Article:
A Call for Phantom Troops

In his recent Op-Ed in the Washington Post, retired Army General John Batiste said:

“We went to war with the wrong war plan…Previous planning identified the need for up to three times the troop strength we committed to remove the regime in Iraq and set the conditions for peace there.”

There is one problem with Mr. Batiste’s statement about the previous planning:  It was mathematically impossible.

In the initial invasion, approximately 175,000 U.S. military personnel were in the theater of operations.

By the previous plan, that would call for 525,000 personnel.

That would be every single member of the active duty Army plus 1/6 of the Marine Corps.

That would have involved abandoning the DMZ in Korea, ending out commitments in Japan and the Pacific, pulling the small contingents out of Kosovo and the Horn of Africa and sending literally everybody to either Iraq of Afghanistan–including everyone in the Pentagon all personnel involved in Homeland Security for Operation Enduring Eagle.

But that is not the major flaw with Batiste’s train of thought.

As the retired General must know, there are only about 113,000 actual trigger pullers in the military.

That’s right.

There are only 113,000 actual trained infantrymen who know how to operate effectively outside the wire.

There could have been an extra hundred thousand ‘troops’ in Iraq, but they would have been mechanics, payroll clerks and computer technicians–not exactly the types to quell an insurgency.

For everyone who said we needed more troops in Iraq, we at America’s Majority are going to provide a little lesson in military math–a lesson some of you will find shocking.

The Marine Corps has 158,641 total enlisted members.

Only 28,228 of them are actually infantrymen–grunts, trigger pullers, ground pounders, bullet stoppers–whatever you want to call them.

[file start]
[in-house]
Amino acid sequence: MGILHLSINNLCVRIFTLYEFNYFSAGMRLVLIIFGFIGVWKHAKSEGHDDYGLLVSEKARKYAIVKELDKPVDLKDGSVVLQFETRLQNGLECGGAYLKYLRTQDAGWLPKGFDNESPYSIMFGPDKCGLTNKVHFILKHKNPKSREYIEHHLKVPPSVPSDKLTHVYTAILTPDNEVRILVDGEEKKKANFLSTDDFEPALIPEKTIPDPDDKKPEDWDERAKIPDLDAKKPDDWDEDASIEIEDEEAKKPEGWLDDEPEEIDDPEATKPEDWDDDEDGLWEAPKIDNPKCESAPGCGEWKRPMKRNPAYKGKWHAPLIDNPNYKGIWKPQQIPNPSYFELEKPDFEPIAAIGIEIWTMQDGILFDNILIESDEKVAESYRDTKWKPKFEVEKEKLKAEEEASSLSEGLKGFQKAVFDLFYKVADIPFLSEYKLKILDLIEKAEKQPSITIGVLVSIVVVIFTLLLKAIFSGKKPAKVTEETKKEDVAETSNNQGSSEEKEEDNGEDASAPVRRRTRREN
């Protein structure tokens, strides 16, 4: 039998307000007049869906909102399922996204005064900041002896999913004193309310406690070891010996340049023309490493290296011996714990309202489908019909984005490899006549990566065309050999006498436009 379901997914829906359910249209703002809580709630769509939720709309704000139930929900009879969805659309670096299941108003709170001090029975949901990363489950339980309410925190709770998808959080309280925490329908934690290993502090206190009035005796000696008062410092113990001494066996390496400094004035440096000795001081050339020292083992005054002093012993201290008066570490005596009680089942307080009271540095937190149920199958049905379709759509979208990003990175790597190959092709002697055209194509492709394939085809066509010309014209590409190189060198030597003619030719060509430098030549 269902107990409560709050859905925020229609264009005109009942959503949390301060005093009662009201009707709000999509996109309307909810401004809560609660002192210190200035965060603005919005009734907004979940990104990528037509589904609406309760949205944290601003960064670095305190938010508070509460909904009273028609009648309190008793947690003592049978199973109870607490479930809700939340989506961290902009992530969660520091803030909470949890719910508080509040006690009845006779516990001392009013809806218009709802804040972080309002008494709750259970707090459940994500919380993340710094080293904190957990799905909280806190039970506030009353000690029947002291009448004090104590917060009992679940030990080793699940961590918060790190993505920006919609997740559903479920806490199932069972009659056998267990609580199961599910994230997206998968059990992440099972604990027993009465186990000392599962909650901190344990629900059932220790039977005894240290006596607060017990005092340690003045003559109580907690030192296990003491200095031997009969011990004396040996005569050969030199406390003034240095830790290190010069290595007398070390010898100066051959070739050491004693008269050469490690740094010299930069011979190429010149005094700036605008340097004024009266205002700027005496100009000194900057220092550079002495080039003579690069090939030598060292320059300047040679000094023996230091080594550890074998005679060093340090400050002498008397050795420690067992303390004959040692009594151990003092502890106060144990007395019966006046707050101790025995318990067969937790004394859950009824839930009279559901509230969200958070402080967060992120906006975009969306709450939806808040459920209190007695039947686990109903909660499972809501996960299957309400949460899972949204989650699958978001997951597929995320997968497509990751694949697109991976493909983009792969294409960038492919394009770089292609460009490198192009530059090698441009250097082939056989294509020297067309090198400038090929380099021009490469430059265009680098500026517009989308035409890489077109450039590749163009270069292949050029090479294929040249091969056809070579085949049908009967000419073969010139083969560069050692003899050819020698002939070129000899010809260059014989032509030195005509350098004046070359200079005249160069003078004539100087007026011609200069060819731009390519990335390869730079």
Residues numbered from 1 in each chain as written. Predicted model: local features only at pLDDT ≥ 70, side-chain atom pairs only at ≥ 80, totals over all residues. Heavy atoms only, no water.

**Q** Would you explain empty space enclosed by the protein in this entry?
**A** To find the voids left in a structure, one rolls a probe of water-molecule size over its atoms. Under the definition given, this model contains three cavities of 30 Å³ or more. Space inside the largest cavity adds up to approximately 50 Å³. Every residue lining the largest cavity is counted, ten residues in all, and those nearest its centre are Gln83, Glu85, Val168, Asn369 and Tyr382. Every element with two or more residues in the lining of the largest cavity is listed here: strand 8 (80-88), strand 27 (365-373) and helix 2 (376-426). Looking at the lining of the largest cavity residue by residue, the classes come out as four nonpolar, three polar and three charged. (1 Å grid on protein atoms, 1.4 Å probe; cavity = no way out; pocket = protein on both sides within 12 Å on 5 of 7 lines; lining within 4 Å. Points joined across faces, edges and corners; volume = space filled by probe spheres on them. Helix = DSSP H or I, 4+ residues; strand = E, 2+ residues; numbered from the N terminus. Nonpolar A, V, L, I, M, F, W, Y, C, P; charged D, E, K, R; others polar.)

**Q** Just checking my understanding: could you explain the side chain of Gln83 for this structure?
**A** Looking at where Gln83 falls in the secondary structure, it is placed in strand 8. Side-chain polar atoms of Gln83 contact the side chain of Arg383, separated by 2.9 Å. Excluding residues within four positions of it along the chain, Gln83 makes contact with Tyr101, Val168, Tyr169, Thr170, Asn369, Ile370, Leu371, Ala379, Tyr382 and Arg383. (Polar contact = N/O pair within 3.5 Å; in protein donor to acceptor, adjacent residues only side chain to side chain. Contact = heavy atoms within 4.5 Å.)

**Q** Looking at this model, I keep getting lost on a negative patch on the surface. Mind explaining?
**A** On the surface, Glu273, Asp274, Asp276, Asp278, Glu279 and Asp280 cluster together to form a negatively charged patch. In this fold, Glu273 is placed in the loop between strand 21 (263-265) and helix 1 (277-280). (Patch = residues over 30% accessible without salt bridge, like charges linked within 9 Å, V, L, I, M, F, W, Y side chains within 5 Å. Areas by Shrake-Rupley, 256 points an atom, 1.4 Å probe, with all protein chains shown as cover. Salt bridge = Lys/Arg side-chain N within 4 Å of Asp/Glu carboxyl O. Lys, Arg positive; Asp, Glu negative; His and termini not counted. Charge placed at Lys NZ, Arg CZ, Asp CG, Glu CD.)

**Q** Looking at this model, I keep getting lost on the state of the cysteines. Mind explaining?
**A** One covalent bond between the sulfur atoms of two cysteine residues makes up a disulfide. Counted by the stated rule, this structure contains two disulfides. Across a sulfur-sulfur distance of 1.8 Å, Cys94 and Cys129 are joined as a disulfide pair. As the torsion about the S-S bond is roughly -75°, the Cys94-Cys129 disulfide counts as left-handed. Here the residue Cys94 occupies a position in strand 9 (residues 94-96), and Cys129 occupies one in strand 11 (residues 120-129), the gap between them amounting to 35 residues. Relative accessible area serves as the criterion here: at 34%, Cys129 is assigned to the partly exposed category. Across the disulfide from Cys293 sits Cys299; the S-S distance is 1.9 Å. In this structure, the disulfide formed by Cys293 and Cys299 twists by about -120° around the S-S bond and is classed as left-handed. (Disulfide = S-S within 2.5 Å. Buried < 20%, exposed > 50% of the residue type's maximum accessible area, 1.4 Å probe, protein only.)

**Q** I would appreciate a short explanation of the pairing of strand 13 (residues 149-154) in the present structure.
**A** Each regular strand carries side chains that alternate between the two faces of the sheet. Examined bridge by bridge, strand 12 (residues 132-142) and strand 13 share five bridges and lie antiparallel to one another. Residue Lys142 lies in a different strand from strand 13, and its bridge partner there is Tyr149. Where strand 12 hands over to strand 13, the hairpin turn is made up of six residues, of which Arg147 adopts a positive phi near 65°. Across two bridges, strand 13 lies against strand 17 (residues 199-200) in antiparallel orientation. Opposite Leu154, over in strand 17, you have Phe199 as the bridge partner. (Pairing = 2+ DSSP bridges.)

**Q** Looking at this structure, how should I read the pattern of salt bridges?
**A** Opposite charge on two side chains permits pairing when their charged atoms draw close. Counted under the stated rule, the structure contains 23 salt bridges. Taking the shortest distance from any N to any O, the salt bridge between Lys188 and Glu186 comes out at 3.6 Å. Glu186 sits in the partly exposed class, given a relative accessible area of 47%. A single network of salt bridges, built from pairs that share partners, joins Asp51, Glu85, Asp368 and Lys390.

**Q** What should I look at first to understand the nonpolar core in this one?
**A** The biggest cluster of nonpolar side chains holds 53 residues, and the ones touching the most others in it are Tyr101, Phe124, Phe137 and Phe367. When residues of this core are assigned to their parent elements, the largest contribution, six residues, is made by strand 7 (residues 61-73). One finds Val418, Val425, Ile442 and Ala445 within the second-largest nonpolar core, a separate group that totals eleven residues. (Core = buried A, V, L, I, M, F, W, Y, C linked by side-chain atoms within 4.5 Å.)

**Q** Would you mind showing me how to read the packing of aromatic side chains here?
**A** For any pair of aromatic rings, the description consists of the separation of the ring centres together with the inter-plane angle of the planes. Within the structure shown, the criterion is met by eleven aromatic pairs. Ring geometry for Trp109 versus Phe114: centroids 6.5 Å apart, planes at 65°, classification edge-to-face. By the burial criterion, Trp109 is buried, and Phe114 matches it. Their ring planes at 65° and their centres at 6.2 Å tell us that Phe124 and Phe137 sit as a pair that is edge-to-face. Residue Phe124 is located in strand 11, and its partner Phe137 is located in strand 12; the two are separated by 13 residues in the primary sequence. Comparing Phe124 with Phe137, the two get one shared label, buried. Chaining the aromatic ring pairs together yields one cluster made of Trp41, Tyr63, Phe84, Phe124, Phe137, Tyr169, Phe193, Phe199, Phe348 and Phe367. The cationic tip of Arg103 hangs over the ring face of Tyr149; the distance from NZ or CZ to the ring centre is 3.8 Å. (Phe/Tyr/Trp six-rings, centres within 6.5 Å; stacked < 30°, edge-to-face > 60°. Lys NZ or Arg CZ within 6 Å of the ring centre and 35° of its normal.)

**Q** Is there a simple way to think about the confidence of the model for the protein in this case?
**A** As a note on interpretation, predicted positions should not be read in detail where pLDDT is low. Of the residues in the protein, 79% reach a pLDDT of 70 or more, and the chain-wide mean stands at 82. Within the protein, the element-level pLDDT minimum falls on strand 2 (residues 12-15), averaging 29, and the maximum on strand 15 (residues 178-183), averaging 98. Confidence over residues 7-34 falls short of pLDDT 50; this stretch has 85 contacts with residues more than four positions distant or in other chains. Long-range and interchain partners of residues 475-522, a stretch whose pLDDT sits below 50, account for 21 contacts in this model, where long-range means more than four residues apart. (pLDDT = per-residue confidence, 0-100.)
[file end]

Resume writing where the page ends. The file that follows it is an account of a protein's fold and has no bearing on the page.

And out 18, 839 Marine Officers, only 2,118 of them are infantry officers.

The leanest, meanest most combat intensive branch of the armed forces is only 17% are actually in the infantry.

Now, lets look at the Army.

We hunted around the Army and DoD websites trying to find the exact number of infrantrymen (MOS 11B) in the Army, but couldn’t find it, so, we’ll go with some estimates.

The Army had an annual average strength of 487,986 personnel in FY 2005.  Using the percentage of grunts to total force in the Marines, we can expect to find 82,957 actual grunts in the Army.

[The consensus of the Veterans of America's Majority is that there are dramatically fewer grunts in the Army, but we'll give them the benefit of the doubt.]

Simply put, the claims we didn’t have enough troops are false–there were no more troops to be put in the theater that would have made a difference, unless you think it is a good idea to pull administrative types out of the Pentagon and other HQ activities and tell them to go hunting for bad guys.

To get the requisite number of infantrymen, and infantry are what is needed to quell an insurgency, the U.S. would have had to abandon the DMZ in Korea, redirect every Marine Expeditionary Unit trolling potential trouble spots around the globe, abandon the Pacific Rim and leave China unchecked, abadon our missions in Kosovo, Africa and Latin America and the Army’s role in Homeland Security.

And once everyone was in the theater, by Batiste’s plan, they would have to stay their permanently until Iraq was built to our standards.

[We are not rebuilding Iraq, we are building Iraq; Ed.]

There would be no rotation of units–they would all be in Iraq.

If we left behind just enough forces for recruiting, boot camp, and initial skill training, which would cut down the the number of troops in Iraq, the boots would be dropped into cold.

One of the lessons learned from Vietnam was to keep units together as the deployed instead of just deploying individual personnel.

Batiste’s position would have us unlearn that lesson.

The media, in fawning over anyone opposed to Rumsfeld, the Bush Administration and the War on Terrorism, will never ask where the extra troops were supposed to come from.

The media will never ask Rumsfeld’s critics if they would advocate abandoning a dozen other military commitments.

They will just assume some phantom grunts would appear out of nowhere to fight the war.

One Response to “A Call for Phantom Troops”

  1. al hall Says:

    Little details like phantom troops, unrealistic battle plans and 20/20 hindsight have never gotten in the way of a good political attack on GWB, Big Dog(Rumsfield) or our country. In talking to people day to day, when they mention something I consider to be “out there”, I always ask their information source. Usually, they can’t provide an answer, but I know the drive-by media is providing talking points. I have strong doubts about anyone who actually believes what the MSM spouts.